A Missoula organization that looks back on billions of years of natural history to make the modern world a better place has done some significant evolution of its own.
When Biomimicry 3.8 founder Janine Benyus received the Design Mind honor from the Smithsonian Institution’s Cooper-Hewitt National Design Museum in New York earlier this month, it capped a transformation of the project she started by authoring a book – “Biomimicry” – back in 1997.
What began as a call to pay more attention to how plants and animals solve problems that bedevil human society, has grown into a 30-person operation with global ambitions.
“We’d been watching the field grow, and soon we had companies that wanted to do this in real time,” Benyus said in a phone interview from her Stevensville home. “We’ve created an ecosystem of services to support that emerging discipline. We’re pulling together a network of people interested in this all around the world. We’re connecting them and equipping them with tools.”
But as the business-focused Biomimicry Guild and the education-focused Biomimicry Institute worked to grow audiences in each field, the backstage effort in Missoula grew too complicated. It was hard to disentangle the nonprofit and for-profit finances, staff needs, computer systems and related details. Transforming to Biomimicry 3.8 put all of those activities under one legal and social umbrella.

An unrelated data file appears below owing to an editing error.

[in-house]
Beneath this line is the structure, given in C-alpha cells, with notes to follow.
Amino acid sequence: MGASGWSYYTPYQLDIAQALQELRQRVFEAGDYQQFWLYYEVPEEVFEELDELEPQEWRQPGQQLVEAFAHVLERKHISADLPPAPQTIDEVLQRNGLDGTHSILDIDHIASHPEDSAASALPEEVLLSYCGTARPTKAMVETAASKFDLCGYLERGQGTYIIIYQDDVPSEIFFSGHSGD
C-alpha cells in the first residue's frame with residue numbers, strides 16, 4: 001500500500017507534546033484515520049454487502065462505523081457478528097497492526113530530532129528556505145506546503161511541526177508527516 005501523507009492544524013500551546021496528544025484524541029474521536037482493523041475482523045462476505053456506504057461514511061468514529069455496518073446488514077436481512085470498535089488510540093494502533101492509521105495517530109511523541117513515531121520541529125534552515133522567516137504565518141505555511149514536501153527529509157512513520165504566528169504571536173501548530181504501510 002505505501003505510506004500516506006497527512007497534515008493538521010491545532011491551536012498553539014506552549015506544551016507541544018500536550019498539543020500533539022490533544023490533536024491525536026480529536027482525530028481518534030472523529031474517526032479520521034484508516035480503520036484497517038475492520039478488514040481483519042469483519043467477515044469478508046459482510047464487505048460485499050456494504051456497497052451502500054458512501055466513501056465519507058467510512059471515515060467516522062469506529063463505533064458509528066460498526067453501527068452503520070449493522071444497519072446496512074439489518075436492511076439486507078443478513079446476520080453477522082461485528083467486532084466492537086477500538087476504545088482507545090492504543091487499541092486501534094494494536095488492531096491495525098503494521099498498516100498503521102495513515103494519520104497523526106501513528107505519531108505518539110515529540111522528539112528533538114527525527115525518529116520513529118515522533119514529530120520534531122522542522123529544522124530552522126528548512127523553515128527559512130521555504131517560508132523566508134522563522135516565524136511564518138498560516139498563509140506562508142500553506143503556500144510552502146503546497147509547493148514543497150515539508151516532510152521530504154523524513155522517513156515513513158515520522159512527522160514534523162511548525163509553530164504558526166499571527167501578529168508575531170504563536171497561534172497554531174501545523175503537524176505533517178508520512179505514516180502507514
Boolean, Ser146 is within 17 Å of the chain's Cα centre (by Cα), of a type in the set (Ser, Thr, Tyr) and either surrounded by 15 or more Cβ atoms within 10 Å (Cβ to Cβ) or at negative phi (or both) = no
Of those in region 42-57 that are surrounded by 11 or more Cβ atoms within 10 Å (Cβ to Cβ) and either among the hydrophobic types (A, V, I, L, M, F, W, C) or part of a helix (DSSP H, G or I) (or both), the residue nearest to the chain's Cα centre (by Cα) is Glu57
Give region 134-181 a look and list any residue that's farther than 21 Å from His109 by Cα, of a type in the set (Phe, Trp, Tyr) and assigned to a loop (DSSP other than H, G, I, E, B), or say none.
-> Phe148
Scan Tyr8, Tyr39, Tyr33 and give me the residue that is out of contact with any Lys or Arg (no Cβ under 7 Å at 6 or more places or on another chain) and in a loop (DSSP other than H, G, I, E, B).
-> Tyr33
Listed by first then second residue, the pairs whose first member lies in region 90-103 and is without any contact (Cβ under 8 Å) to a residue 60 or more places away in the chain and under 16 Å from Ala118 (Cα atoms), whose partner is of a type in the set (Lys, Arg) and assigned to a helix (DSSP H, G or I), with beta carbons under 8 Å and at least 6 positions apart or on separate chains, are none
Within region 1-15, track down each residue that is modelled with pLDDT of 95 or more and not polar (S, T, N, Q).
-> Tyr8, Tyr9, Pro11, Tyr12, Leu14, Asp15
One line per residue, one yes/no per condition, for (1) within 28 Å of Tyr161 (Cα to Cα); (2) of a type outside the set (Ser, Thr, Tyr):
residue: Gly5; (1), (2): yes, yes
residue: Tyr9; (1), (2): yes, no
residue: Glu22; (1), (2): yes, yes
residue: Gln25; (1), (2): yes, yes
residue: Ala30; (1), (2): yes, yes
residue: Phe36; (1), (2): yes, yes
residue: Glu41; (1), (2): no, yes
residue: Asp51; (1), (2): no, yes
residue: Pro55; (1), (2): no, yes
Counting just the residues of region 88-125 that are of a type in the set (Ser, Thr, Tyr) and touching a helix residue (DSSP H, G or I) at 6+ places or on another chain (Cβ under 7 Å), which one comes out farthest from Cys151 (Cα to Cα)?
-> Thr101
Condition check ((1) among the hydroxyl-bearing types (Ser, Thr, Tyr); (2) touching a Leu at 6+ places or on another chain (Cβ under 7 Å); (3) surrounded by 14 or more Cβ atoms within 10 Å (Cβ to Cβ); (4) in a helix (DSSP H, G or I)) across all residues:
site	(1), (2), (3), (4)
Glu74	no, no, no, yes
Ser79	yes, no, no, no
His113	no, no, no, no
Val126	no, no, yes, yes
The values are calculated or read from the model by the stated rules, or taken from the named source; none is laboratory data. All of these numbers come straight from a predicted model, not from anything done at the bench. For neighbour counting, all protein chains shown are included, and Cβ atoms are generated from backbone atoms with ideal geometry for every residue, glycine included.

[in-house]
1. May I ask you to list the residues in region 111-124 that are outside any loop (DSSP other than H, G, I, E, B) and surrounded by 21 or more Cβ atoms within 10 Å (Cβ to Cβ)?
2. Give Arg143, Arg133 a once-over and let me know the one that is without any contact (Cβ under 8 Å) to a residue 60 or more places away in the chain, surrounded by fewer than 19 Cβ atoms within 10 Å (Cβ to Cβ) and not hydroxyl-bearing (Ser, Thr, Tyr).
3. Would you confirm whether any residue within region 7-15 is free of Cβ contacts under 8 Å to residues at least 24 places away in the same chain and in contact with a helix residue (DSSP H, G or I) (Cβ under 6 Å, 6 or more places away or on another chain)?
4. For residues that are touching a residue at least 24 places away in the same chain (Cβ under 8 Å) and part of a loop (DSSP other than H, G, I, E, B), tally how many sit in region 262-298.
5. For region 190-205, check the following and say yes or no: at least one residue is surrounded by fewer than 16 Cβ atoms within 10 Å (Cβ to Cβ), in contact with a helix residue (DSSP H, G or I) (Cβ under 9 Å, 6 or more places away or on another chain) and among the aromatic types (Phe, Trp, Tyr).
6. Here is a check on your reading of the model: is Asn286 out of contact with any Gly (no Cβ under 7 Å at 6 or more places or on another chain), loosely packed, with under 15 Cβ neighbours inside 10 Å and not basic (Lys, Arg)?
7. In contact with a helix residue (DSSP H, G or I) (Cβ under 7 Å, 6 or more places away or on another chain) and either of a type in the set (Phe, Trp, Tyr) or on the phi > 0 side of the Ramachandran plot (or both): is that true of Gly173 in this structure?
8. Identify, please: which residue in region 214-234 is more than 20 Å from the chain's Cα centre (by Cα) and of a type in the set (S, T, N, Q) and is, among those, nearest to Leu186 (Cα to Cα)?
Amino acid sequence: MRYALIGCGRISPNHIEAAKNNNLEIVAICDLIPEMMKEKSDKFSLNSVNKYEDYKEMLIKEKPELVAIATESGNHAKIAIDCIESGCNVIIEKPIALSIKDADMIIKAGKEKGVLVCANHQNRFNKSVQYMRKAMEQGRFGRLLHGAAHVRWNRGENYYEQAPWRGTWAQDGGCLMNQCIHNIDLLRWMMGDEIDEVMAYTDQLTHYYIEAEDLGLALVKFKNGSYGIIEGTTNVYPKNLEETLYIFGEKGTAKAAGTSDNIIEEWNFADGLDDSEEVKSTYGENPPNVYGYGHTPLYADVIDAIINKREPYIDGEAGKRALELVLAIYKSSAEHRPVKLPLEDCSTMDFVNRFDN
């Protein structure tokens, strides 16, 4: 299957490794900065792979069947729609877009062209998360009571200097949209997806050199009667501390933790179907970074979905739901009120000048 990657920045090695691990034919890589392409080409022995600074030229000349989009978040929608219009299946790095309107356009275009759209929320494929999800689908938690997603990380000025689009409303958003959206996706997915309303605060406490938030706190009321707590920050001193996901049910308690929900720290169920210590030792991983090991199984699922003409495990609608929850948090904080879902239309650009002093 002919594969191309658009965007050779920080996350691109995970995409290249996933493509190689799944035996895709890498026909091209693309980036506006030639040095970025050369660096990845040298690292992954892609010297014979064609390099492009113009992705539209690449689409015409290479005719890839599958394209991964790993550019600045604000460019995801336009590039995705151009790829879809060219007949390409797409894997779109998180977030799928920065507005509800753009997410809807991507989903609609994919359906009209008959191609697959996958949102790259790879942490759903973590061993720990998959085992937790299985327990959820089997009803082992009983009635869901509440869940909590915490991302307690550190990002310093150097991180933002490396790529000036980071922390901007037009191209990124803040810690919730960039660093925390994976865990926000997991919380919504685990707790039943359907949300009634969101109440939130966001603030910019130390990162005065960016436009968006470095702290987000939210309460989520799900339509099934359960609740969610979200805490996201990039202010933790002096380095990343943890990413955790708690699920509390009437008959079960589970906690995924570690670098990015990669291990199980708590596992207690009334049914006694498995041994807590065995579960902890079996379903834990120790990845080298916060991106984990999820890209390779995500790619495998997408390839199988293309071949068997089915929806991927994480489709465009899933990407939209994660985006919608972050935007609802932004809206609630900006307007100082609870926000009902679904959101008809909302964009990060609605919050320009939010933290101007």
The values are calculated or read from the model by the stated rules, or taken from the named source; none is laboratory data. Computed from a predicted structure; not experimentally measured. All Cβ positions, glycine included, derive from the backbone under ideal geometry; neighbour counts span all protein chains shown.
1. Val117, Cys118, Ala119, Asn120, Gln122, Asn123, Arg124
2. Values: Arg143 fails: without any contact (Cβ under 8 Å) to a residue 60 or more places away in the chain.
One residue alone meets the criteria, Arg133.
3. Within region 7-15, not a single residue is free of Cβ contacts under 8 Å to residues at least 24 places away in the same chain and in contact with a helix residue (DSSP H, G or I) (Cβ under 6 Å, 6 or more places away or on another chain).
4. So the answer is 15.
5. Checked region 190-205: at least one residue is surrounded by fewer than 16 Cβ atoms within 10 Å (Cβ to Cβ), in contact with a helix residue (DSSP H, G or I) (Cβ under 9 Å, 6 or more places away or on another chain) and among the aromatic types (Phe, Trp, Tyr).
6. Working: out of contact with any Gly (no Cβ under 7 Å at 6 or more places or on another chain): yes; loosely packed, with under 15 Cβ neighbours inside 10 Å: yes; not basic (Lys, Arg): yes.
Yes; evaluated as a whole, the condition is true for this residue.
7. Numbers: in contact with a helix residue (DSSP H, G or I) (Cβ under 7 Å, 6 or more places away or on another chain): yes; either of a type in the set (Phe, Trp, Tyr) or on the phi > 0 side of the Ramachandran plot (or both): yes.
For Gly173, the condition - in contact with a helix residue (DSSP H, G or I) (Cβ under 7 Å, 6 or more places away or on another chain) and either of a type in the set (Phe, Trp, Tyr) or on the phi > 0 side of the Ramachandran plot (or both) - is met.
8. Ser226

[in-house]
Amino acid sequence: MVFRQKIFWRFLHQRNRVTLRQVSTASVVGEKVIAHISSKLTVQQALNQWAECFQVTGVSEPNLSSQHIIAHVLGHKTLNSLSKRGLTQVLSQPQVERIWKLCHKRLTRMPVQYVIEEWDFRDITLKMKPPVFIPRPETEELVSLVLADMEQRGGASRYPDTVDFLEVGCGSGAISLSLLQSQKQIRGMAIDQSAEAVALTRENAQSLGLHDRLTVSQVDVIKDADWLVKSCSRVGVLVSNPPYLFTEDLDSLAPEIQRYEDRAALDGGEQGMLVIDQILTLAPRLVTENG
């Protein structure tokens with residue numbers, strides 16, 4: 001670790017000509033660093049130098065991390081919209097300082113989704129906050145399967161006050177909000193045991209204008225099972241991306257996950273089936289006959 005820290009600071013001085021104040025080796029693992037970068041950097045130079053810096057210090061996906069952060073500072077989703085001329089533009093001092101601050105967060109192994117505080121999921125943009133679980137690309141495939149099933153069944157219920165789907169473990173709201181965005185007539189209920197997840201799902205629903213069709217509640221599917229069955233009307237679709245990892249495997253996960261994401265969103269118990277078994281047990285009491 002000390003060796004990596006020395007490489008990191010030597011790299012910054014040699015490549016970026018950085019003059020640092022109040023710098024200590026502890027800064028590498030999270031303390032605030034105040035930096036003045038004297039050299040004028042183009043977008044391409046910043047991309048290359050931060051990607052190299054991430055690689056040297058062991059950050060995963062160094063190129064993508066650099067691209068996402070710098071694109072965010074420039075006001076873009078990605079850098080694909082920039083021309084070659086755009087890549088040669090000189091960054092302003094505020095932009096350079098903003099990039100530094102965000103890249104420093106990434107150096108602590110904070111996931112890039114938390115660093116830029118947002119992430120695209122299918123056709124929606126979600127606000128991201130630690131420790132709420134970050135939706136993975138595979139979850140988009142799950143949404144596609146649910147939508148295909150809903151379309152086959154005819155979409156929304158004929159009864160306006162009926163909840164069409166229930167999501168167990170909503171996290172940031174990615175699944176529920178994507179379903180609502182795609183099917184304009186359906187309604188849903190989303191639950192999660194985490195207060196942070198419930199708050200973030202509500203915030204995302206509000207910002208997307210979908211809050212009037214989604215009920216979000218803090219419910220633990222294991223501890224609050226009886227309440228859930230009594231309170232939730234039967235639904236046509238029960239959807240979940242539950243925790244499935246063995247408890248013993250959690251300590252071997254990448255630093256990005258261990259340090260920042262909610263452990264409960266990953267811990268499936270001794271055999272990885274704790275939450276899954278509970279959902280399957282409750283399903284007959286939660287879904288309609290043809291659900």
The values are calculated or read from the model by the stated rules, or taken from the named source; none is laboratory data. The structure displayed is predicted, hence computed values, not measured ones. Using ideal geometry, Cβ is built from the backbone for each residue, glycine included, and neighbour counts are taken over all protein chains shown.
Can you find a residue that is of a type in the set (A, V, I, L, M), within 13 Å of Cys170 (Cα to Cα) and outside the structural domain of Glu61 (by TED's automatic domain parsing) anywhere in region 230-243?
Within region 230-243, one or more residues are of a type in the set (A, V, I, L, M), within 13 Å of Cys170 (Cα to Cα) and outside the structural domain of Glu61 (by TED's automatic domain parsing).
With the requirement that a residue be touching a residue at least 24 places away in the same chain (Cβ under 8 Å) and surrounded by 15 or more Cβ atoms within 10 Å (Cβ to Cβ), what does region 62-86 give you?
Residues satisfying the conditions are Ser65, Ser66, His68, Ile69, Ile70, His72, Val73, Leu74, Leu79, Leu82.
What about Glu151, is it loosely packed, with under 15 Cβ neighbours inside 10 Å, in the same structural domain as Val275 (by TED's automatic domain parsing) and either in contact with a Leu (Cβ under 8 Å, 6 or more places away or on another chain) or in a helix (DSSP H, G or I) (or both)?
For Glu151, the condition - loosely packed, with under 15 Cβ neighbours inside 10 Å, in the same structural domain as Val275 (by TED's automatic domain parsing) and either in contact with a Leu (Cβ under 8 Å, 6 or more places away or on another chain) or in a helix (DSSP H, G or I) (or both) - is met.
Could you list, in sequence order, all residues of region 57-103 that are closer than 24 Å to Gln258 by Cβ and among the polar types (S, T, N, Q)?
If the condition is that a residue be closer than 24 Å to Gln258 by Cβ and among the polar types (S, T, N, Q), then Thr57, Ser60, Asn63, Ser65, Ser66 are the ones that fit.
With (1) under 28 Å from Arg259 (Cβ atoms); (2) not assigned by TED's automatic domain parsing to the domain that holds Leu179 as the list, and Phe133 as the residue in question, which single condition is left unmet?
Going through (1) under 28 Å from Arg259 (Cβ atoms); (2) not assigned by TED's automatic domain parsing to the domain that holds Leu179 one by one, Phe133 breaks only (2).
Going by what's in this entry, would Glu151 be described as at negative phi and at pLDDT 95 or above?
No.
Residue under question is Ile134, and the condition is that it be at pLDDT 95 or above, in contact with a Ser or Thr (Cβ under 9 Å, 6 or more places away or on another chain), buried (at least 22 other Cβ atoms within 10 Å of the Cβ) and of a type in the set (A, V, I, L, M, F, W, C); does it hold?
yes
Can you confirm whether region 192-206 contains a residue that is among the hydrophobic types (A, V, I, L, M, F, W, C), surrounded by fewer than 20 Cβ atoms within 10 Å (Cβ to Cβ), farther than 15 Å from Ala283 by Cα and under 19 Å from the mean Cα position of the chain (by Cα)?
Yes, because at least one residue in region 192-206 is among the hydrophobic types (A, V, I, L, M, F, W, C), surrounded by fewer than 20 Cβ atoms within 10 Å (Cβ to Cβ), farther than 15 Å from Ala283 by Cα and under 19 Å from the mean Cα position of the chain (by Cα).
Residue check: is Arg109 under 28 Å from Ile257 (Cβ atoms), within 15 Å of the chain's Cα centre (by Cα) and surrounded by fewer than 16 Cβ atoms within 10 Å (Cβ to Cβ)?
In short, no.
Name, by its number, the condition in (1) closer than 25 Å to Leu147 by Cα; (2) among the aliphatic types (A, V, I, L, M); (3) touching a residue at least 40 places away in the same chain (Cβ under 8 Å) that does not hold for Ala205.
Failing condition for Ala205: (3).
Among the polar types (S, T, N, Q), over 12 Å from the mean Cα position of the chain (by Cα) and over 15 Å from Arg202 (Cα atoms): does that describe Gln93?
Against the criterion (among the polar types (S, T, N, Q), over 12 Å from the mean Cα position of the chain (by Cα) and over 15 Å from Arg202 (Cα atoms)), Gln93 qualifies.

“Our scale of activity has increased dramatically,” said Bryony Schwan, who directs the nonprofit portion of the organization at its Missoula headquarters. “We’re all over the world in ways we couldn’t have managed before.”
The education wing offers classes ranging from several hours to two years, training people to think about looking to nature for solutions to human needs. The business wing works with companies including Boeing, Natura and Nike to develop new concepts.
“We’re not interested in designing a widget to be sold in Walmart,” Schwan said. “We ask what are the world’s big challenges? It’s a different way of thinking.”
Benyus offered the example of a company like Proctor and Gamble asking how to make a better detergent. Her reply was: “What do you really want to do?” And the answer was: “Clean surfaces.”
“So if you move away from detergent, it becomes a different question,” she said. Plant leaves have to stay clean to absorb sunlight and carbon dioxide, but they don’t use detergent. Instead, they’ve developed a bumpy surface that makes water ball up into droplets, which in turn lift up and remove dirt particles.
So she advised looking at a spray that creates a self-cleaning surface on fabrics or glass. Then looking further into how that spray gets manufactured, transported and how it can be recycled.
“You mimic the ecosystem,” she said. “What’s the life cycle of the product? There’s a large palate of areas we work in.”
The Cooper-Hewitt Design Mind award honored Biomimicry 3.8 and Benyus for creating a paradigm shift in the way designers look at their work. Benyus said it combined her book with all the advancements the company had brought about, including education outreach, training programs, product development and web pages.
“It really marks our coming of age, where biologists and educators are asked by the design community how to make better designs,” Benyus said. “We’re trying to serve that demand as best we can.”